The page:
CORE – meaning the most important or most basic

Categories: BLOG, FITNESS and LIVE WELL.

In terms of our anatomy the core relates to the muscles found around your pelvis, hips, and abdomen that you use in most body movements.

Most of us don’t use these muscles in a functional way on a day to day basis. We often spend a large proportion of the day time sitting down in cars, at desks or on the sofa, so our stabilisation muscles are getting progressively weaker.

Core stability training can benefit us with:

  • Improved posture
  • Reduced injuries
  • More agility
  • Better balance and co-ordination
  • Improved power and speed

Did you know? Injuries sustained from falls because of poor balance are the leading cause of deaths in people aged 70+, yet this figure can be drastically reduced with the appropriate dynamic conditioning and stabilisation activities.

Core swiss ball photo

Core stability training – where to start?

The biggest mistake people make when told to contract the abdominals is to just breathe in and hold the breath.

Strengthening the transverse abdominus will help develop your overall core and abdominal muscles. The TA is also known as the corset muscle which acts like a girdle and helps create forced expiration when we laugh and pulls the tummy in.

Here is a simple exercise to practice initiating the transverse contraction. Keep breathing throughout the whole exercise!

Press your fingertips lightly just above your hips then begin by drawing your navel (bellybutton) inwards, towards the spine. A useful analogy is to imagine you are trying to do up a tight pair of jeans and you have to pull in your abdominals to zip up the jeans.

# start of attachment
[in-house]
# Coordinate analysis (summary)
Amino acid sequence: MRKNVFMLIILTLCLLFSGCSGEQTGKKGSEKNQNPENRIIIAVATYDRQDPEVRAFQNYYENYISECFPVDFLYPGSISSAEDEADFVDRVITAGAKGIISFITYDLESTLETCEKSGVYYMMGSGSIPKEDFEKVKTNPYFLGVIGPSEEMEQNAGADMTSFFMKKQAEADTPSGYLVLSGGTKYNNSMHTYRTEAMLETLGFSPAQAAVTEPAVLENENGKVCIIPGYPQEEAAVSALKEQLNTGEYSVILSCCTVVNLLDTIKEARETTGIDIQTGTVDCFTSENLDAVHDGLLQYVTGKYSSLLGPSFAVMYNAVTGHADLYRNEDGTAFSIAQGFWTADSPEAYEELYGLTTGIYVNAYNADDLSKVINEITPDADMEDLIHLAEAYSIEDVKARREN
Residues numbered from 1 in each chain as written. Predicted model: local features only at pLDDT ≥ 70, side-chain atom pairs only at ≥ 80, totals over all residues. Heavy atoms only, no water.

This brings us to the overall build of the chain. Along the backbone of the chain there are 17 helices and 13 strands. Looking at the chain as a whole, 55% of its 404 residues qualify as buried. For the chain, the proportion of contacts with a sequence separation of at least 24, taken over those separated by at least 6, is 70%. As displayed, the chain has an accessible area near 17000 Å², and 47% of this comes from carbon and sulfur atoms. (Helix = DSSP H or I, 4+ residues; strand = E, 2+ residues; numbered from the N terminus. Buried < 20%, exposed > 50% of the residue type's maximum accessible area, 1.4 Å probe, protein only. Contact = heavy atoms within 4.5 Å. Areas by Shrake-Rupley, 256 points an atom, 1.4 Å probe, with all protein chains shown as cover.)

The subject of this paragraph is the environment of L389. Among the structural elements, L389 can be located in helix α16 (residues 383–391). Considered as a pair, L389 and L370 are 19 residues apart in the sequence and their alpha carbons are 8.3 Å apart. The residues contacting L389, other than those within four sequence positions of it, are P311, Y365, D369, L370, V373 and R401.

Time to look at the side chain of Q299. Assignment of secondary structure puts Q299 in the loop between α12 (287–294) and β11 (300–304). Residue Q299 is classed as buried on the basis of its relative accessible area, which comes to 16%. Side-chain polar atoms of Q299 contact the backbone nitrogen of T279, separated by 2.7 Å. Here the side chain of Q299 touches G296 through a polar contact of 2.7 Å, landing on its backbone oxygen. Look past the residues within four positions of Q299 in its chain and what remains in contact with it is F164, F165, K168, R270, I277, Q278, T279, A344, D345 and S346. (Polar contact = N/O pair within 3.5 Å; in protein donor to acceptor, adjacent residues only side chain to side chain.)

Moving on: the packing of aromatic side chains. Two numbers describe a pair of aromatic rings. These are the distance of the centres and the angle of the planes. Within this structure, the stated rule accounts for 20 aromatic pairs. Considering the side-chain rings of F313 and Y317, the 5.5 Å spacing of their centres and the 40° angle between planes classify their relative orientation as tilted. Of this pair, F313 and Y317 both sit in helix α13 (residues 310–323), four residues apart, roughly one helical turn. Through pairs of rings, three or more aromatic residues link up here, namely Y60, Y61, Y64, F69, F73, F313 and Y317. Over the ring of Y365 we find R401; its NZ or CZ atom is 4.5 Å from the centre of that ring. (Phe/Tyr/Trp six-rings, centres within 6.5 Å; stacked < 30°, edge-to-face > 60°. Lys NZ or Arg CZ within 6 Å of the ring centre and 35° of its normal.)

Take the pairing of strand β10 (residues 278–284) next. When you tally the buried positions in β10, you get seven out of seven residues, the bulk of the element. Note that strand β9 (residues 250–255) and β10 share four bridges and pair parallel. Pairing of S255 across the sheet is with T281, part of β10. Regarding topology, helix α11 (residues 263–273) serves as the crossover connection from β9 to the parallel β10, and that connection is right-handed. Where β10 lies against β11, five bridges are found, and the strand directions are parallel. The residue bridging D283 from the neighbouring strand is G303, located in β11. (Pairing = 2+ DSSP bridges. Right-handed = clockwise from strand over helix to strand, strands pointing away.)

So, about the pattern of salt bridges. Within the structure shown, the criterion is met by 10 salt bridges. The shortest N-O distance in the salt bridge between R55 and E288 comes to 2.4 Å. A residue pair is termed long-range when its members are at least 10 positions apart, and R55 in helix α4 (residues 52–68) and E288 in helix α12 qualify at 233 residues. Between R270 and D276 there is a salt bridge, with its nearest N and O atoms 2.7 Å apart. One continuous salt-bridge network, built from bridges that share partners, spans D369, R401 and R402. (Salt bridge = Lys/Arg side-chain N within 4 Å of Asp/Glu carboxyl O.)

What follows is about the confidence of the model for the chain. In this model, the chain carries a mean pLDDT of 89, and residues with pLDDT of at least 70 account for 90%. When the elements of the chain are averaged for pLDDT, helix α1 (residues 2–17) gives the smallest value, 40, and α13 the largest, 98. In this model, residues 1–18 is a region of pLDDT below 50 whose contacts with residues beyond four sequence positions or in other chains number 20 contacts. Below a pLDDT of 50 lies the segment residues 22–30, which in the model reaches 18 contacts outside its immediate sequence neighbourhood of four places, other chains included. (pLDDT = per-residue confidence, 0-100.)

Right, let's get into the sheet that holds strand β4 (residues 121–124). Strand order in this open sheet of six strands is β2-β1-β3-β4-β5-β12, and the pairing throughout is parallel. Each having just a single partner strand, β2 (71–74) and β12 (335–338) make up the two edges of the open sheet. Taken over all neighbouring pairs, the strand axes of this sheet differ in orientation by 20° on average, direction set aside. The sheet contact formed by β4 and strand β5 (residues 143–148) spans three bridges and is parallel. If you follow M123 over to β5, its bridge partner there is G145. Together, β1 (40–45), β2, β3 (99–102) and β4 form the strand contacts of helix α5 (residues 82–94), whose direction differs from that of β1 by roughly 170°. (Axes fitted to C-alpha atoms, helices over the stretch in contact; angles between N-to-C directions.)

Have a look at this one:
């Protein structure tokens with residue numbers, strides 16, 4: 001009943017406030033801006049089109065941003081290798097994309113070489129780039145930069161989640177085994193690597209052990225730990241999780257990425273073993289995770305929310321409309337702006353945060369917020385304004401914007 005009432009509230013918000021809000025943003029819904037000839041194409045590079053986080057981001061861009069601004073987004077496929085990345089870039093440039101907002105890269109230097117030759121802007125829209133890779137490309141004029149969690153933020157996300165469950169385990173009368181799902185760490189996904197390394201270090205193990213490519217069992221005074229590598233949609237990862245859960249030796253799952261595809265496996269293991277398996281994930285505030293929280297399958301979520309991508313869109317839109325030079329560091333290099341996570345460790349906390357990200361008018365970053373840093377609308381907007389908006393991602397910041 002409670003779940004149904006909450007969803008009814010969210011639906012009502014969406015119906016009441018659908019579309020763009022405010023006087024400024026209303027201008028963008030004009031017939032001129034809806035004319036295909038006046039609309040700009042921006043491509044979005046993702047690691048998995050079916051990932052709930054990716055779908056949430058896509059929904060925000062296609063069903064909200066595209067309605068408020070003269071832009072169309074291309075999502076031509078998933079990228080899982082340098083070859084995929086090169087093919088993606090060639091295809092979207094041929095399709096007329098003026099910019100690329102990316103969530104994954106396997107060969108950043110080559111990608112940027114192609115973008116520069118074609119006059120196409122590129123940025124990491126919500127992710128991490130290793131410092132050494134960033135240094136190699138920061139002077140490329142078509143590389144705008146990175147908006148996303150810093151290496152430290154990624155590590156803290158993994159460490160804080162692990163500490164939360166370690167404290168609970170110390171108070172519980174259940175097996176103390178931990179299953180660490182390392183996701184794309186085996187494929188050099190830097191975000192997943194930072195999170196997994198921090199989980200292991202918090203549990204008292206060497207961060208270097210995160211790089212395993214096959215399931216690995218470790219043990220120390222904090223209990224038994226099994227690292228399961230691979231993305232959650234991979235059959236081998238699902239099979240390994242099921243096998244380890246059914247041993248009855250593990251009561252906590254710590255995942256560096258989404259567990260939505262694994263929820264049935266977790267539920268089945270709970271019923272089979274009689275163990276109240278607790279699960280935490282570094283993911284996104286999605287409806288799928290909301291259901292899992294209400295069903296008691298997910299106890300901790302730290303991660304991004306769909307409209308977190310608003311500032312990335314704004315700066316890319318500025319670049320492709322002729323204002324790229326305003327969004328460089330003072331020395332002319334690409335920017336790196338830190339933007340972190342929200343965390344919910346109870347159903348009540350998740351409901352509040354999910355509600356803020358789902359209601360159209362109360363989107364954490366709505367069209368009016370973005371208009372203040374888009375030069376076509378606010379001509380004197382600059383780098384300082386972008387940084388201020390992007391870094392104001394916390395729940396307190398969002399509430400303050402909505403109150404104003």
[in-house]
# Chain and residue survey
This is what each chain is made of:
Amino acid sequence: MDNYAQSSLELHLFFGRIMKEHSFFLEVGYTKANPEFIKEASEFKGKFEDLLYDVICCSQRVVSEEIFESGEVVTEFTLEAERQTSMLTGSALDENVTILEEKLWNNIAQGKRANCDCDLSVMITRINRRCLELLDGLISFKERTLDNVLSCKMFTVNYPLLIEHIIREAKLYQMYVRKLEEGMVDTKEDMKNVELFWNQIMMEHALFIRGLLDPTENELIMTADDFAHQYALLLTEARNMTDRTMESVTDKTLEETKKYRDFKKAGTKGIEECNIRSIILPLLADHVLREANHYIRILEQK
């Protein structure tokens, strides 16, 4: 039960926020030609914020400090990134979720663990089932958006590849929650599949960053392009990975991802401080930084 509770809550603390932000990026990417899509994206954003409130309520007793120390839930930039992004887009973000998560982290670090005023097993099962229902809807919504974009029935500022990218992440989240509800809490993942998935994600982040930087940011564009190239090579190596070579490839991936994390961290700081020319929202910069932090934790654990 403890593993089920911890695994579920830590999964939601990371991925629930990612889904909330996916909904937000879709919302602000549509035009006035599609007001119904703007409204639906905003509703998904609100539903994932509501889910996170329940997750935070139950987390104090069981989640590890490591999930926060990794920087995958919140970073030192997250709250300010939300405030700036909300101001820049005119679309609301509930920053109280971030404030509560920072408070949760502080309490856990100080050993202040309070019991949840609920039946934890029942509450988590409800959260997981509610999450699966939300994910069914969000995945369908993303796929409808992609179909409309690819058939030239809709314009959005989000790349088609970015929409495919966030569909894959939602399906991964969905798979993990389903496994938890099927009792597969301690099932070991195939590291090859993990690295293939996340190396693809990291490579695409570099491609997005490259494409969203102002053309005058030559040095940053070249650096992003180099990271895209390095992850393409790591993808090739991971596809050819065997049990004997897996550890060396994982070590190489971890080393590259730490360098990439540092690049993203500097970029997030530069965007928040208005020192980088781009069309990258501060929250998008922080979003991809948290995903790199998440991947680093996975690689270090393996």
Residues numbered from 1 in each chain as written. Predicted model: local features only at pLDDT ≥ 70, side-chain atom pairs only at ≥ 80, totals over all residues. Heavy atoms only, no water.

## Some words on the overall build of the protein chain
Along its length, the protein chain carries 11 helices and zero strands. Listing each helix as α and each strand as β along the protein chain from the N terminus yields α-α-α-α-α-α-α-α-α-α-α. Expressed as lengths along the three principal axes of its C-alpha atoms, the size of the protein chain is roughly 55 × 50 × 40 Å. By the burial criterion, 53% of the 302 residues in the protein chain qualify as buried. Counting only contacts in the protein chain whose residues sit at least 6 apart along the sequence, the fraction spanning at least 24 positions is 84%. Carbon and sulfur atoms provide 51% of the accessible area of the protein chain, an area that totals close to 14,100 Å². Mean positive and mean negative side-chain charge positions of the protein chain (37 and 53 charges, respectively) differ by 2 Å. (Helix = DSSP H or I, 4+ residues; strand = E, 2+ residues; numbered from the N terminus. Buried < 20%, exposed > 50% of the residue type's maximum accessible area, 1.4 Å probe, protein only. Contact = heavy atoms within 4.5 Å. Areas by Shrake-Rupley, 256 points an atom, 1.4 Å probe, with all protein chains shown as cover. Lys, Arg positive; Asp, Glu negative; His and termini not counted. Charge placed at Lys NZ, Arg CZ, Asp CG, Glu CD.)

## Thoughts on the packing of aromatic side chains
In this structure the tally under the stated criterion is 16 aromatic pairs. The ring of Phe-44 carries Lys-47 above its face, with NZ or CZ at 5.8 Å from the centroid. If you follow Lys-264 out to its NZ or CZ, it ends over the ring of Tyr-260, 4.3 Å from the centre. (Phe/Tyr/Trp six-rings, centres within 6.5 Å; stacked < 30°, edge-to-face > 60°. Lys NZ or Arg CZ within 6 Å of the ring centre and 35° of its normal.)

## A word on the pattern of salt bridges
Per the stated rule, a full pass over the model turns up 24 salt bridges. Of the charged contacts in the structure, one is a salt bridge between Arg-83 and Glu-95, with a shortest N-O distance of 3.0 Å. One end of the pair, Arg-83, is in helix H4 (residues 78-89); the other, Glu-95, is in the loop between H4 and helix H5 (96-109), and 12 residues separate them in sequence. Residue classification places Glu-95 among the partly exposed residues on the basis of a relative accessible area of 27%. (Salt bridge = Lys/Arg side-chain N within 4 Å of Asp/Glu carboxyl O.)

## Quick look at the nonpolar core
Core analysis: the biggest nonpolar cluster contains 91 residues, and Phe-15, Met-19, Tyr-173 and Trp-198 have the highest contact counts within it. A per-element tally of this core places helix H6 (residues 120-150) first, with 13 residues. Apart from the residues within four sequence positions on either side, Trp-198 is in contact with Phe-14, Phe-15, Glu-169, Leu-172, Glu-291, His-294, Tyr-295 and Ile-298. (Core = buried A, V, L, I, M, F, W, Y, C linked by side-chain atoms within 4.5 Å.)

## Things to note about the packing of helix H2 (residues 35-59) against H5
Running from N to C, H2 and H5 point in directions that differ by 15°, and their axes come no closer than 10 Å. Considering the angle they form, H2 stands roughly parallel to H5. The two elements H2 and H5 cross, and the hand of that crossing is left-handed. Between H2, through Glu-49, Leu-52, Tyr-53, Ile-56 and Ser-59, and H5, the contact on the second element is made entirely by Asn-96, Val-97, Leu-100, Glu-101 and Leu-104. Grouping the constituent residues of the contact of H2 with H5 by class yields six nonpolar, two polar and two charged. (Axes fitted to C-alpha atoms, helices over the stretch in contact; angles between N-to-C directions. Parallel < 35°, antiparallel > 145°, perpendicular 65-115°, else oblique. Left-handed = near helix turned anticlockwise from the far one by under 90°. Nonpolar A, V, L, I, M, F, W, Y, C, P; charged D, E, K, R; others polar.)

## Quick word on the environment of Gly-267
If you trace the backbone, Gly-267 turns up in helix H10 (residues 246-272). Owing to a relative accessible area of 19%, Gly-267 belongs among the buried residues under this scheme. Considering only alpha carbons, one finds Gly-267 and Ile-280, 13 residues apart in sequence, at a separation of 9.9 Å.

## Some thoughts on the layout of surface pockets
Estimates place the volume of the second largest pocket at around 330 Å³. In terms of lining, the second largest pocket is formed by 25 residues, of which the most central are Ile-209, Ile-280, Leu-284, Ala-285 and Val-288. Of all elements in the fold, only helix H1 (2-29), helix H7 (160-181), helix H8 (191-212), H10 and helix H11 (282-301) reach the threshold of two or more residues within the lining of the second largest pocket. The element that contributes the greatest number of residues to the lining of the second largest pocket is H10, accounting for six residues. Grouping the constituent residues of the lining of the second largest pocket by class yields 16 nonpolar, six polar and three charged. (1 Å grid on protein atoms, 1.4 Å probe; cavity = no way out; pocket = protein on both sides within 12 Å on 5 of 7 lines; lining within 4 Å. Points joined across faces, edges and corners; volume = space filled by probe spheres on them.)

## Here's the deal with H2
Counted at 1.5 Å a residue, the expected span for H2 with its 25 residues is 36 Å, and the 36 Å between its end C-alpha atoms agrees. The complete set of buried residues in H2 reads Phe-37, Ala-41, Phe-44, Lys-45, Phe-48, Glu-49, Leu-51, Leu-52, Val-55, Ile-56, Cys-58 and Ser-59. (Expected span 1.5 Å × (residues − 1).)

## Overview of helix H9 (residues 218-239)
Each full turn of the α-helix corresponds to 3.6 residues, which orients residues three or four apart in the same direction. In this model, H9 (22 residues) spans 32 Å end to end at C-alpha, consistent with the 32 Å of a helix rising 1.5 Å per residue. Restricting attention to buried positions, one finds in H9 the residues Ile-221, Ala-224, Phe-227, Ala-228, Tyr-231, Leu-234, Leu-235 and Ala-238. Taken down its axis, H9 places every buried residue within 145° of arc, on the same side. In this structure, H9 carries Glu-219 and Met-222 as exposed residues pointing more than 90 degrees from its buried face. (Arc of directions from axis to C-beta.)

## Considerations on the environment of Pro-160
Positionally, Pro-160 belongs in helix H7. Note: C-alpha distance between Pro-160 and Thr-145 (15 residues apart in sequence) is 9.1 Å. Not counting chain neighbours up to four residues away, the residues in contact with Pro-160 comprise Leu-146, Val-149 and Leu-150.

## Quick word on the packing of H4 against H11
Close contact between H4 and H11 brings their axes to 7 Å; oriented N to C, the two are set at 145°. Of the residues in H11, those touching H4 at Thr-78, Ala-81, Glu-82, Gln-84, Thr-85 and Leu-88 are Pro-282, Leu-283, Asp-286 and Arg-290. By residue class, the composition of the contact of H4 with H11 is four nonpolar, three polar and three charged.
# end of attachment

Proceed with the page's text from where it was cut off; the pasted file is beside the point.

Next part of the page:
As you do this, engage the pelvic floor muscles by pulling in and tightening. Imagine you are squeezing to stop yourself from urinating. This contraction should then be held whilst maintaining breathing throughout.

Hold for 10-30 seconds and repeat 10-15 times. You may want to build the repetition up gradually.

It can take time to learn this process so keep practicing until it becomes second nature.


Other exercise activities that are great for core:

Pilates – created by Joe Pilates in the 1930s, originally to help dancers and gymnasts reduce injuries

T’ai Chi – great for balance and mobility

Exercises using unstable surfaces using stability balls, wobble boards, stability discs and BOSUTM


Bus picture


Or you could try bus surfing – next time you’re on a bus or tube, stand up without hanging onto anything whilst bracing your abdominal stabilisation muscles. If you are good at it nobody will notice, if you’re a bit wobbly you’ll look like a surfer. If you lose balance, you may make new friends!